Skip Ribbon Commands
Skip to main content
Seattle Art Museum (SAM)

Covered box

Photo: Paul Macapia

Covered box

18th century

This box’s turquoise glaze and gilded spiral patterns imitate gilt bronze cloisonné vessels. The illusion continues in the gilded interior, made to look like unoxidized bronze. The Qianlong emperor was fond of art objects that dazzled but also fooled the eyes—an example of how imperial passions pushed porcelain technology to create new forms, glazes, and applications. The Imperial Ware Factory’s superintendent supervised the design, finance, production, and transportation of tens of thousands of top-quality pieces for the palace from the porcelain center of Jingdezhen.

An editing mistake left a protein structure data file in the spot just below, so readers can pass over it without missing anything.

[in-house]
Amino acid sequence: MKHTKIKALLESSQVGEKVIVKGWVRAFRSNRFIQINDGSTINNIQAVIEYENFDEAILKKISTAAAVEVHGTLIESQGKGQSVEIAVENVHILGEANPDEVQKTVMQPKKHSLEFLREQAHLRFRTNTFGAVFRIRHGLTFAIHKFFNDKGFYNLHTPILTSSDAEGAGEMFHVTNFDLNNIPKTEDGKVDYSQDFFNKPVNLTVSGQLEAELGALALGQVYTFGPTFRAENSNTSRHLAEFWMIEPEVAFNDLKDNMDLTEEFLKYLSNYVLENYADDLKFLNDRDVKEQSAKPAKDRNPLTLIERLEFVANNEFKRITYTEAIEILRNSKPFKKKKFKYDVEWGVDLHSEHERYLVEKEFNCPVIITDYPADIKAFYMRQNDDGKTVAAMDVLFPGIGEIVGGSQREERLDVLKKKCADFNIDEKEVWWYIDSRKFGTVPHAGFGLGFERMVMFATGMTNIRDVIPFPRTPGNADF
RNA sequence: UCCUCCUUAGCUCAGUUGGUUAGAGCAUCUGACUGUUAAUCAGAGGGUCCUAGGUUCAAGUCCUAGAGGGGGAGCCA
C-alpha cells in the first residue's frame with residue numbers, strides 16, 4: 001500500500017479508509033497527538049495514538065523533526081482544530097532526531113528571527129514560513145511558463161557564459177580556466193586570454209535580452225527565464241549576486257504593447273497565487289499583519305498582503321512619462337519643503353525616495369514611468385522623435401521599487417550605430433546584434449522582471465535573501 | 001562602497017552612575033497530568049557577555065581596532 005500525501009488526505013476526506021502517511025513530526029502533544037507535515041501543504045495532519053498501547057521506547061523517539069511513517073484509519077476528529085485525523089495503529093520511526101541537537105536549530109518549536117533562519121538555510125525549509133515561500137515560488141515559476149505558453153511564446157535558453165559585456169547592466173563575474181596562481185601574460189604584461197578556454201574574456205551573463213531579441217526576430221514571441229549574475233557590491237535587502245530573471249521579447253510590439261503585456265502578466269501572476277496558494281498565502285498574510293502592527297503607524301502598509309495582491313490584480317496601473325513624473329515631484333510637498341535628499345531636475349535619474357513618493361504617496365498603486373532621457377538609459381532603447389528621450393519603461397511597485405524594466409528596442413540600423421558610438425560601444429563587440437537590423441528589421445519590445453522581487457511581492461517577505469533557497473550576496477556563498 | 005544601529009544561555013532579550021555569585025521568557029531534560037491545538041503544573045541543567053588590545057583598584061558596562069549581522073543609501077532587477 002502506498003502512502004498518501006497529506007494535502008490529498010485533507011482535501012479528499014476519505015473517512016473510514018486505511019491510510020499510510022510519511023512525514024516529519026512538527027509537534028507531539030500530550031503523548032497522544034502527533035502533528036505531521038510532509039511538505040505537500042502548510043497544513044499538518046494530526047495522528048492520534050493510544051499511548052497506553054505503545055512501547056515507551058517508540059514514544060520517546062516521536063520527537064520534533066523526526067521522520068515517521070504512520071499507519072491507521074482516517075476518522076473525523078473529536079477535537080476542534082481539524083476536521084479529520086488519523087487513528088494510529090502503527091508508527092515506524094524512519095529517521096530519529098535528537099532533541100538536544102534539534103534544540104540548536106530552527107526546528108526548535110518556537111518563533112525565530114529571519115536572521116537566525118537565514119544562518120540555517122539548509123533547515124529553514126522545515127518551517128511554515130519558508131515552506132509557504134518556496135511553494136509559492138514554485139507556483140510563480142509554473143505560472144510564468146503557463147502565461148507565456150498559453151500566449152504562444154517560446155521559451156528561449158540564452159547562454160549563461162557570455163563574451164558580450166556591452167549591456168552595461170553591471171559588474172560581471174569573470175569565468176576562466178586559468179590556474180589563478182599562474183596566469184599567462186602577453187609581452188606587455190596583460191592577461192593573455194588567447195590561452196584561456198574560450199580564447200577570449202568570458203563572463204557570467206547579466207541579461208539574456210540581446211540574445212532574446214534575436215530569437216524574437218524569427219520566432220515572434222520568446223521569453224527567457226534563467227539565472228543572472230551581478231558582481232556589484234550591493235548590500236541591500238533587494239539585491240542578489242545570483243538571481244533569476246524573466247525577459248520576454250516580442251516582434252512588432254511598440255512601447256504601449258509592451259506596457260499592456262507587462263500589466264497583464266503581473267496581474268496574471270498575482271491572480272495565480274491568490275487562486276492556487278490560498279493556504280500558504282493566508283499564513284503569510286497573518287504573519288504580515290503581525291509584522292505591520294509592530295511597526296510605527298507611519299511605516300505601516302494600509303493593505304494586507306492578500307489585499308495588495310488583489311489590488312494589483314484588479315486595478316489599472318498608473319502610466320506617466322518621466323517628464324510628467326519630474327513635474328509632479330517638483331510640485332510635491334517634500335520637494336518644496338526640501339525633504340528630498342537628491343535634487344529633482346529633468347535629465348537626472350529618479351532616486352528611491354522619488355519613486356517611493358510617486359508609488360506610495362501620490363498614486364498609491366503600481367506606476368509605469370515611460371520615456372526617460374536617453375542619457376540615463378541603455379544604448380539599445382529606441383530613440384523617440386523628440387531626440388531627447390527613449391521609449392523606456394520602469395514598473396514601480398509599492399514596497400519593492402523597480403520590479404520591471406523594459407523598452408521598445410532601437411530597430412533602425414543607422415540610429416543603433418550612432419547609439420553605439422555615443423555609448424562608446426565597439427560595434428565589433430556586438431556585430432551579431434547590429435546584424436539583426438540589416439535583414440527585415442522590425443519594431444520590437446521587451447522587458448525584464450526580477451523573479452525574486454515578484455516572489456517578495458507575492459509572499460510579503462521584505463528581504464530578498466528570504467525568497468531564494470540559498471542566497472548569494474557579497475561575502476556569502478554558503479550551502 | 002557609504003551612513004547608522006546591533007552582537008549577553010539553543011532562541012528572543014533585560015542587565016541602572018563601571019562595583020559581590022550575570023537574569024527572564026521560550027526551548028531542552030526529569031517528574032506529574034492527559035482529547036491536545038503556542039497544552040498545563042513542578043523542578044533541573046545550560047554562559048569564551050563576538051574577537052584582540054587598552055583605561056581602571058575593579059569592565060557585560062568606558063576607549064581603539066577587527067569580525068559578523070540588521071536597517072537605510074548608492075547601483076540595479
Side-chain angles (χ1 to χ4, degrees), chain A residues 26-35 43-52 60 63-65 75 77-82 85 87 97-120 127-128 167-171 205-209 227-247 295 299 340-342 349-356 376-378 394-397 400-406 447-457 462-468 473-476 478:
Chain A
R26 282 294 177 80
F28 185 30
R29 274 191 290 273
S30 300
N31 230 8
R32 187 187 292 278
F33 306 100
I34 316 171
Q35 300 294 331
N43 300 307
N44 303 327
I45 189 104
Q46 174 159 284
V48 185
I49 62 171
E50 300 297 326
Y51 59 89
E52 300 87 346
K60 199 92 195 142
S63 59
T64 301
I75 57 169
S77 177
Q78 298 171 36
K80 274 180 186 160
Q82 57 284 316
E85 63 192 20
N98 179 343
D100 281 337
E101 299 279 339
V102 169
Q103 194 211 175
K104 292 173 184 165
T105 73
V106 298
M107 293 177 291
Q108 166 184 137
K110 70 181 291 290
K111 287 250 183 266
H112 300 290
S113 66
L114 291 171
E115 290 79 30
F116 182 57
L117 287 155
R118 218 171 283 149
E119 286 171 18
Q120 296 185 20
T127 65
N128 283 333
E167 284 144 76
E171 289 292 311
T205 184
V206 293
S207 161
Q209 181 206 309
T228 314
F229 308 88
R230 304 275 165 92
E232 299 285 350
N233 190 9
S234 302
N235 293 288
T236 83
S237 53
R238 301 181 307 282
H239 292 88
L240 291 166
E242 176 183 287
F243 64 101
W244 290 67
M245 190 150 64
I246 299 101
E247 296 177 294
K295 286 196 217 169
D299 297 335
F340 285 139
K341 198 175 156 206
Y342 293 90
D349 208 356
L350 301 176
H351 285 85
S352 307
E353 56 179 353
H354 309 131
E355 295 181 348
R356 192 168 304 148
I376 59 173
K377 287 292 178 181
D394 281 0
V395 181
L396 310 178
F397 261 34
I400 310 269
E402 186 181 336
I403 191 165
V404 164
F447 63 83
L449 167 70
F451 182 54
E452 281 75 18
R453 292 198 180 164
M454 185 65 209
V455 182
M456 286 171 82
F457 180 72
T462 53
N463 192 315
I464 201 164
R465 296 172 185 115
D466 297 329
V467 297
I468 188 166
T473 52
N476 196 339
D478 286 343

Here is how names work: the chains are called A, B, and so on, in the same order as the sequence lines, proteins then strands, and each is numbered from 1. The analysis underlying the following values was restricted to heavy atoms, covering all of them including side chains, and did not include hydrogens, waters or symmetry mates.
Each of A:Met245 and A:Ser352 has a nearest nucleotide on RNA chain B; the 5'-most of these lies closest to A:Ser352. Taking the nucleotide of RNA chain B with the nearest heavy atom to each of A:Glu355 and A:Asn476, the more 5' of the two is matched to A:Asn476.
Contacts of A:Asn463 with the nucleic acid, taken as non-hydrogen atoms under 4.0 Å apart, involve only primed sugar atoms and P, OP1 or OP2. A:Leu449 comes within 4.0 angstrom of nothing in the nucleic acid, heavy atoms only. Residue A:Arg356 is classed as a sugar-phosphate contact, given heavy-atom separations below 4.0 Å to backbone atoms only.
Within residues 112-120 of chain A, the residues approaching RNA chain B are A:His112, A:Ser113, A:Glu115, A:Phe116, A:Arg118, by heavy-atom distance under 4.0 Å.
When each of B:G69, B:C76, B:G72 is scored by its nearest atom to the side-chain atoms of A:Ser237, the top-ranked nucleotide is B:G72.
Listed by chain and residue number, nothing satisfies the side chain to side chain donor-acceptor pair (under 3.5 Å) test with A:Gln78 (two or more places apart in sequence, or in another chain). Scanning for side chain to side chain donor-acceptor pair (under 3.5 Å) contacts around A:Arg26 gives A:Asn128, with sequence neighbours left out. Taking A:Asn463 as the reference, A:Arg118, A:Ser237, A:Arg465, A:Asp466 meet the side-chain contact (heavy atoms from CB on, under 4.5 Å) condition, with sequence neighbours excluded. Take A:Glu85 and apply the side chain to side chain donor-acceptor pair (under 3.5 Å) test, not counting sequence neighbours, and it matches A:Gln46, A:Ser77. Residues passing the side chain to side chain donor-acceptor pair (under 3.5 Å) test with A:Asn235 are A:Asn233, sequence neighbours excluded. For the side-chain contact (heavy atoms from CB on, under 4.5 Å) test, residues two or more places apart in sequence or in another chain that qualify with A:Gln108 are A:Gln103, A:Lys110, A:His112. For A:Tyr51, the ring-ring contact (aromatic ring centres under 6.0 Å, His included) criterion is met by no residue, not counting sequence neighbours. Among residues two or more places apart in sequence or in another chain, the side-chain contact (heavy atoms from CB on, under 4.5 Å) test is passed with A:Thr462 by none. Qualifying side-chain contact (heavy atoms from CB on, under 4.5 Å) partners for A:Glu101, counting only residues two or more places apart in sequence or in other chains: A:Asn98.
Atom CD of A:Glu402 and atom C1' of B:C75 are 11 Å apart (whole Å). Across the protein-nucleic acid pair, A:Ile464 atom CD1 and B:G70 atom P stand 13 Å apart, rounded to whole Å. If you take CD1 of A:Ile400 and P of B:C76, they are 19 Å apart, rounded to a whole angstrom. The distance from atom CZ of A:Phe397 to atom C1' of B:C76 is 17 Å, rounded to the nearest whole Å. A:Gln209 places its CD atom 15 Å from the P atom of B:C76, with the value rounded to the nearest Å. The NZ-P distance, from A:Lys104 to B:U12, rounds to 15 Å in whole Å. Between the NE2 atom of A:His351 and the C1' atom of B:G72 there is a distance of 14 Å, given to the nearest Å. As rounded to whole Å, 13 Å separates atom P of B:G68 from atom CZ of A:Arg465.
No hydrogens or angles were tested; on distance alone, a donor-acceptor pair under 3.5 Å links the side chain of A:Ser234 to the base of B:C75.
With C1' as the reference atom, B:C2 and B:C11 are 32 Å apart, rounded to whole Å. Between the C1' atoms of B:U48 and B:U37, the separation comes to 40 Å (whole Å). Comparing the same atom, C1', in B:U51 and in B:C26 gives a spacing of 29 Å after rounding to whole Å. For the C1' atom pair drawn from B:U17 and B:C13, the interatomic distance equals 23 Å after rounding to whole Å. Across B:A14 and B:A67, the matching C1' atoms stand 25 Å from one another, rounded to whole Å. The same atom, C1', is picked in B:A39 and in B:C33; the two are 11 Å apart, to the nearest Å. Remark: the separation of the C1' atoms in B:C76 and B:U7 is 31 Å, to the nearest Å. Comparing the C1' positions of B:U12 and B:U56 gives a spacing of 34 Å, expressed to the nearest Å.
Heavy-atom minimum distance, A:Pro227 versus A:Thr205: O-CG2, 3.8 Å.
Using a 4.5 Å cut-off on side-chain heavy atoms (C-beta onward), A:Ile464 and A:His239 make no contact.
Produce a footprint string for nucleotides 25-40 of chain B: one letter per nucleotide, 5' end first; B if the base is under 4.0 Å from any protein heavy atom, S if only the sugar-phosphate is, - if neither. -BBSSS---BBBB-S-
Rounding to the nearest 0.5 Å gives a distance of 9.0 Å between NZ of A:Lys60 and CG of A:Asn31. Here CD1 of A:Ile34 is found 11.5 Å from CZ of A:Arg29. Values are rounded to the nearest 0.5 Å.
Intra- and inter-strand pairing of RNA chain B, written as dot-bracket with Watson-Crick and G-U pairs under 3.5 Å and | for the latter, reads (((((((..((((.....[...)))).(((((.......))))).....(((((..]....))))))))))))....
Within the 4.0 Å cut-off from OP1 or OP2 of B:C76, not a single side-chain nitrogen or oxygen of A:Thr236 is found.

Porcelain with turquoise glaze and gilt
3 1/2 in. (8.9 cm), height
6 3/8 in. (16.2 cm), diameter
3 13/16 in. (9.7 cm), overall height
Purchased in memory of the E. K. Bishop and Lillian Bishop Family
Photo: Paul Macapia
Now on view at the Asian Art Museum


Exhibition HistorySeattle, Washington, Seattle Art Museum, Porcelain Stories: From China to Europe, Feb. 17 - May 7, 2000.

Seattle, Washington, Seattle Asian Art Museum, Boundless: Stories of Asian Art, Feb. 8, 2020 - ongoing.
Published ReferencesEmerson Julie, Jennifer Chen, and Mimi Gardner Gates, "Porcelain Stories, From China to Europe", Seattle Art Museum, 2000, pg. 245

Foong, Ping, Xiaojin Wu, and Darielle Mason. "An Asian Art Museum Transformed." Orientations vol. 51, no. 3 (May/June 2020): pp. 56-57, reproduced fig. 16.

Seattle Art Museum respectfully acknowledges that we are on Indigenous land, the traditional territories of the Coast Salish people. We honor our ongoing connection to these communities past, present, and future.

Learn more about Equity at SAM